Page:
I find that option 2 tends to work out really well. If there are potential reopen voters who are sitting on the fence, we can convince them to join our world by solving enough of the problems with the post to sway their opinion in our direction. We may even convince some close voters to vote to reopen.

Of course, we can try to convince others that the post was wrongly closed, and sometimes this may get a post reopened. Unfortunately, we lose a huge opportunity to make vast improvements that would only make the post better, regardless of whether or not the post was really closed prematurely. Thus, if a post is closed, and you see why people closed it, and you know how to fix those problems, even if you don't personally view them as a problem, then by all means, please fix them!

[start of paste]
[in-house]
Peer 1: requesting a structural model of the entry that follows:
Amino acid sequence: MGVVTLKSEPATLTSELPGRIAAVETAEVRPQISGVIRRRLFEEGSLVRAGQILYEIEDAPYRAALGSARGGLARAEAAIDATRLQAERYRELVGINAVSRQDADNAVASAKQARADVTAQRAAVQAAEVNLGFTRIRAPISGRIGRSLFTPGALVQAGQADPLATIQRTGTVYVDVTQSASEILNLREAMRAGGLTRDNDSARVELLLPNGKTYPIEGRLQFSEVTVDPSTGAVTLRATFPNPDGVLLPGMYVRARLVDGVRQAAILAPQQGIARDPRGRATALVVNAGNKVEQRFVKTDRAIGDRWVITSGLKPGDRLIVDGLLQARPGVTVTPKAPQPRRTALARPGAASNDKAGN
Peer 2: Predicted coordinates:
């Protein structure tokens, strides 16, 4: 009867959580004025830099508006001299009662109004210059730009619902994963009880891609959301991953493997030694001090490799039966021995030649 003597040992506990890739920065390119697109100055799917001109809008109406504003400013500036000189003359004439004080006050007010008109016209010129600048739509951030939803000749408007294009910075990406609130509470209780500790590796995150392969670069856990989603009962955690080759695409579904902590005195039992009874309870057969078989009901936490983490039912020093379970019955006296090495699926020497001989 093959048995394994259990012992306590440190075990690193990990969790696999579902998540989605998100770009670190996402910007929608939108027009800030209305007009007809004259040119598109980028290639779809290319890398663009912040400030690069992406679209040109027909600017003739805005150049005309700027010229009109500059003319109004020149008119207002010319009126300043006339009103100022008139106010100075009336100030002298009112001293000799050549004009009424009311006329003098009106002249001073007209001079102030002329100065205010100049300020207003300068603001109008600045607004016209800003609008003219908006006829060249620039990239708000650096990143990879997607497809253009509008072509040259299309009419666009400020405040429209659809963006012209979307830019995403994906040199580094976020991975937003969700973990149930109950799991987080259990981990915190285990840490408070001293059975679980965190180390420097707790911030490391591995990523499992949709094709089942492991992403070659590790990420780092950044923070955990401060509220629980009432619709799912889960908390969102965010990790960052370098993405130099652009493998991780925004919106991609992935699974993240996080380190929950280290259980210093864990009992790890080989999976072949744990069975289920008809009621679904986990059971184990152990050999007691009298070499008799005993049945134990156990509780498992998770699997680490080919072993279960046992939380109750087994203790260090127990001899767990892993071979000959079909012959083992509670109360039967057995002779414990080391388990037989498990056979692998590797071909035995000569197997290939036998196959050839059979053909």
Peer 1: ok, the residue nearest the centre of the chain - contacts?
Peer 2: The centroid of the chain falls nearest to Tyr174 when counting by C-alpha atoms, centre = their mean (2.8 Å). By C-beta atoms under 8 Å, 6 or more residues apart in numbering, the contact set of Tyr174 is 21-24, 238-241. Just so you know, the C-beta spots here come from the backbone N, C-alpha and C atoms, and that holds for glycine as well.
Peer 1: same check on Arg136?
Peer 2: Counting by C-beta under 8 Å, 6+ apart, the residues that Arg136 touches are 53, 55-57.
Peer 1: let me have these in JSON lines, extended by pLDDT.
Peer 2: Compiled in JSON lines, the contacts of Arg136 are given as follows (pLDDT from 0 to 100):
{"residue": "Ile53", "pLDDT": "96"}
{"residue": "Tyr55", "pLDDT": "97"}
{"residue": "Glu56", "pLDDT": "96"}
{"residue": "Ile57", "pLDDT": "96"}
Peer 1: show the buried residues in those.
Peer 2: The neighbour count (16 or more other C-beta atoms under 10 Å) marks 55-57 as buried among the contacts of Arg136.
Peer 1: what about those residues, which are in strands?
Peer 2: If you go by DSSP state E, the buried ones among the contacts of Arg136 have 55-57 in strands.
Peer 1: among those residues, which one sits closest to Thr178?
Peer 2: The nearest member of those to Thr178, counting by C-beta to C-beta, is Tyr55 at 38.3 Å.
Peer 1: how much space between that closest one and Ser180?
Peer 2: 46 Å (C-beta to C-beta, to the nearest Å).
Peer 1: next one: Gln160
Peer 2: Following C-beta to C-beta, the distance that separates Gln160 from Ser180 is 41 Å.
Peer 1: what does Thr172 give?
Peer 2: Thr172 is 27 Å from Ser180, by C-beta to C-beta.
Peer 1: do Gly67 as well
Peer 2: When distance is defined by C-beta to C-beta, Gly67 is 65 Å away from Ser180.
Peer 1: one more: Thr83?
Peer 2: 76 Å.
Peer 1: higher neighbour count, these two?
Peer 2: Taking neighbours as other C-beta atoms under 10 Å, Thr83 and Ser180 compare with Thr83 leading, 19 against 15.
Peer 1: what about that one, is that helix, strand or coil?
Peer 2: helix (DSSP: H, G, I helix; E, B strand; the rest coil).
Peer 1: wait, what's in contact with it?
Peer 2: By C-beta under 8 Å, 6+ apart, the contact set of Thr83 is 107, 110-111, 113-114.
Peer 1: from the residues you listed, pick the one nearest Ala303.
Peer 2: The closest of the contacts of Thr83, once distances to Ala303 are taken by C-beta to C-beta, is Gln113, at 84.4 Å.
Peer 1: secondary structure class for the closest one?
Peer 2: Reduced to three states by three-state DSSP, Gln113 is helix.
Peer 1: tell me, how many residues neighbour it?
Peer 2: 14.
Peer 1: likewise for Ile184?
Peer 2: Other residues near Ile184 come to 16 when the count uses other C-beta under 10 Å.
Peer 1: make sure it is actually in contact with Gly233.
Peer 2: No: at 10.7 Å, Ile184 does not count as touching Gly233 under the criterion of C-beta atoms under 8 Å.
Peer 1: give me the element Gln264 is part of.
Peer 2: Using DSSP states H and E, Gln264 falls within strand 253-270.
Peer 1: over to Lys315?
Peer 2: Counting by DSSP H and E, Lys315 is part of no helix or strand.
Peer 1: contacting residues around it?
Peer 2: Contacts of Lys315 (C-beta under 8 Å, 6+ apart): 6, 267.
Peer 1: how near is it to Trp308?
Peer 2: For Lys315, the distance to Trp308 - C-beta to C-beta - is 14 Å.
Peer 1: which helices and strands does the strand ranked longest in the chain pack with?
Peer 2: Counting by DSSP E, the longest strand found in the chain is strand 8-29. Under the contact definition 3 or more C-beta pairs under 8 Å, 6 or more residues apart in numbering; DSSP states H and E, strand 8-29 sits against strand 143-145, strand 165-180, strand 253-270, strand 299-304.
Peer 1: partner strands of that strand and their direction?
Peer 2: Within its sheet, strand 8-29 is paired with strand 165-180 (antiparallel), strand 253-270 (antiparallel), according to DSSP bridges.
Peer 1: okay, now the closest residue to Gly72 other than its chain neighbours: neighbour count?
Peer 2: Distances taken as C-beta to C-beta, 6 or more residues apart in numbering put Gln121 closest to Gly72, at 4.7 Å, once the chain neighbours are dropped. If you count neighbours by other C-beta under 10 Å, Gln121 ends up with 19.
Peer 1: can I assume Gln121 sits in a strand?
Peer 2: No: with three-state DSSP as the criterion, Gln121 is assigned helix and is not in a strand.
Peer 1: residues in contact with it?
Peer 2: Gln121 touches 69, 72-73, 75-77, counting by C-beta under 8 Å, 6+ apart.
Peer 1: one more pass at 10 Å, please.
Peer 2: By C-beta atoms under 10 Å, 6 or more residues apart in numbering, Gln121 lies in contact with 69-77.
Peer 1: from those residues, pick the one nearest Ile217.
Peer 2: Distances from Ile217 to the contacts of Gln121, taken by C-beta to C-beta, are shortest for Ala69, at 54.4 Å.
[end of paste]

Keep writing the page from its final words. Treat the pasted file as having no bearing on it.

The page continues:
This sometimes leads to some really great Q&A! :)

With that said, as many others have pointed out, comparing gorillas and sharks is tough to provide an objective, factual answer. Thus, to improve the post, you may actually need to throw out the entire thing and start from scratch.

There's a reason you're asking this question though, and it is sort of broad, but it's also answerable for someone who has done what you're trying to do. Since I don't think you're really asking for a step by step tutorial on how to implement from A to B a domain management system, I did what I can to edit this for you and get the ball rolling. I'm hoping the way I reworded it works for you. If not, please continue editing.